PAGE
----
Friday, 14 October 2011

All hail the Ocelot

Linux and open source software isn’t for everyone. But it’s a good way to learn how software is developed and tested.

As well as preying on rodents and resting in trees, ocelots are surprisingly skilled in optimising recently-overhauled desktop environments.
(Photo: Danleo, Wikimedia Commons)

Yesterday (October 13th) was an exciting day for many reasons. It marked the first anniversary of the completion of the rescues of the 33 Chilean miners. Classic 80s movies fans saw the return of Ghostbusters to the big screen. It was also the day to celebrate 65 years since the adoption of the constitution of the French Fourth Republic. All of these fascinating events, however, paled into insignificance against the most eagerly anticipated event of all, which is the release of Ubuntu 11.10, codenamed Oneiric Ocelot.

For those of you who don’t know what's so Oneiric about an Ocelot, I should explain what all the excitement is about. Ubuntu is a Linux-based operating system, which works as an alternative to Windows, and this is their latest six-monthly upgrade. (If you want to know why you’d choose to name an operating system after a South American wildcat, this page should explain.) Like most Linux distributions, it’s free – and not just free to use (like Adobe Flash Player or Microsoft Word Viewer is). It’s free for anyone to copy, modify and redistribute, as long as any derivative you produce is also free to modify. Only a small number of Linux users actually modify software this way, but the fact this is possible has a huge influence on how Linux is developed. Windows fans argue Linux is just a mish-mash of cobbled-together software written in backrooms, whilst Linux fans argue that the open collaborative way Linux is developed is actually better than Microsoft’s work behind closed doors. Anyway, the arguments could go on for years, but this is a blog about software testing – anyone who wants to continue on this subject can read why Windows is better than Linux or why Linux is better than Windows.

From a software tester’s point of view, however, there is a big advantage to Linux: you can learn a lot about software development and testing. All of Ubuntu’s Alpha and Beta releases are publically available to download and try out, and it’s a valuable lesson in just how much work is needed to test and stabilise software. The Alpha 1 release typically comes out after just 1½ months of development with all the major changes already in place – but expect the flashy new features to crash the system the moment you sneeze at it.[1] It is only over the next 3 months that later alpha releases transform the bug-ridden mess into something reasonably stable. The Alpha releases are also the stage where features get pulled – they can be features that looked good on paper but don’t work in practice, or simply features that got a hostile reception from early adopters.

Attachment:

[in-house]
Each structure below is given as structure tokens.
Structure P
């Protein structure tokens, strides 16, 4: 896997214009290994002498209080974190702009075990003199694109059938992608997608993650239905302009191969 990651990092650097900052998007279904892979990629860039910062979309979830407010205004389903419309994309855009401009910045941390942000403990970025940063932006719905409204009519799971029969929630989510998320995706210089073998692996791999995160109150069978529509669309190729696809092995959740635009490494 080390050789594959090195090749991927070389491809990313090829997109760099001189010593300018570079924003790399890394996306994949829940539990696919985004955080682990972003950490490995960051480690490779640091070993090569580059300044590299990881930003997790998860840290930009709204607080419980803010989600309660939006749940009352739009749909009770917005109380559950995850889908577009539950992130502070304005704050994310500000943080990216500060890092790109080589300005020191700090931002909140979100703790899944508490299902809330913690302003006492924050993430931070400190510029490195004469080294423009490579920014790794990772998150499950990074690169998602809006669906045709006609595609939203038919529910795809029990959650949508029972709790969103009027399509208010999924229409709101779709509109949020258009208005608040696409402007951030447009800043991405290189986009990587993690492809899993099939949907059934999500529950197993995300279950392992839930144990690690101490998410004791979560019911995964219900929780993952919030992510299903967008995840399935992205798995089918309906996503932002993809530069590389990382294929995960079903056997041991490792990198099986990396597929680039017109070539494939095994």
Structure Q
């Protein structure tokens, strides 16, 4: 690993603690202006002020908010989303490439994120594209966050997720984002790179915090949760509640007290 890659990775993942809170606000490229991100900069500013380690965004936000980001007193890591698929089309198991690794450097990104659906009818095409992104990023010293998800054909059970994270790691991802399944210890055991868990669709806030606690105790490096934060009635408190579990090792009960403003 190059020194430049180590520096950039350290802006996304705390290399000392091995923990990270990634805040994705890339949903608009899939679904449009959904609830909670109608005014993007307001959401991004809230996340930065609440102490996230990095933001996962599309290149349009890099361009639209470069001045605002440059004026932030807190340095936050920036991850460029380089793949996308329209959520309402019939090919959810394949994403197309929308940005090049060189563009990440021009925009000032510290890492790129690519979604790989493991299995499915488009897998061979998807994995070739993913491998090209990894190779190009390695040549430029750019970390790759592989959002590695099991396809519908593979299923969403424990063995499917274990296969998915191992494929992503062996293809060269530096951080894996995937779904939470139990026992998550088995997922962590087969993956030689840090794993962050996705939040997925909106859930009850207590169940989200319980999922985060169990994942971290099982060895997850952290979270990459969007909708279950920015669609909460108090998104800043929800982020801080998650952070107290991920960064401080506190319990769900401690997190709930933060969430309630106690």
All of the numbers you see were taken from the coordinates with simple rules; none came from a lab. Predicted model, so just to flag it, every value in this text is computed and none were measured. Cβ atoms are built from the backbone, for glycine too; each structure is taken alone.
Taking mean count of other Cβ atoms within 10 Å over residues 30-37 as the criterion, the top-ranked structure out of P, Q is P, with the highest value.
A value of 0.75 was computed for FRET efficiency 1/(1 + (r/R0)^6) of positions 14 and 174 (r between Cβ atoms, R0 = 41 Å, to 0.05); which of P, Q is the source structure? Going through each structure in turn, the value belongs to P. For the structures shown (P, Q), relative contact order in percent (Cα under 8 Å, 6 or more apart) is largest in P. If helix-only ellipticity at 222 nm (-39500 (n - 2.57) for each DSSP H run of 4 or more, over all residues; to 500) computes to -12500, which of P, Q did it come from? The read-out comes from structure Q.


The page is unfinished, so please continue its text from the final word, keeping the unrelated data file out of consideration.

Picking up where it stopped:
When you reach the Beta releases, you’ll probably come across a system that looks all polished and ready to go. It isn’t. It may load up fine, and all the programs you fancy using may fire up fine and appear to work, but it’s only when you try using the programs that you run into annoying bugs that haven’t been picked up yet – bugs that can still add up and render the system unfit for purpose. This sort of thing, I suspect, is a trap many projects fall into: impatient testers or managers try out beta-quality software, watch it run smoothly on face value, go ahead and deploy it, and learn its shortcomings the hard way.

Then there’s the open bug tracking system. Anyone who finds a bug – whether in an Alpha, Beta or stable release – can report it. But if you want your bug report to be taken seriously, you have to do it properly. Simply writing “Firefox didn’t work” is useless. If, however, you state exactly what Firefox is doing wrong, what you were doing when this happened, whether this error is reproducible or just intermittent, what version you were using, and anything else that might help developers pin down the bug, you will be more likely to get the bug fixed. If the bug you’ve found has already been reported, you can look at the progress of the bug report to see how it was handled and how it was dealt with.

Following open-source projects doesn’t teach you everything. The kind of testing you can observe – the unstructured error reporting from users as and when they come across bugs – is useful, but the kind of work done by paid software testers, in both open- and closed-source, is systematic testing designed to track down bugs and make the system fit for purpose. There’s many other concepts in software testing, such as testing models, reviews, static/dynamic analysis, that generally goes unnoticed by users of alpha and beta releases. But it’s still a good way to try out the world of software testing, and if you find it interesting, perhaps you can make it your full-time job.

Anyway, Precise Pangolin Alpha 1 comes out on 12th December 2011. I can hardly wait.

[1] Oh, and if you are thinking of trying out an alpha release, you probably want to do it on a spare computer. In theory, an alpha release of an operating system can sit quite happily alongside a partition of Windows or Linux that you use for work, but as test releases by their very nature are liable to do disastrous things you didn’t expect, you probably want to keep it out of harm’s way.

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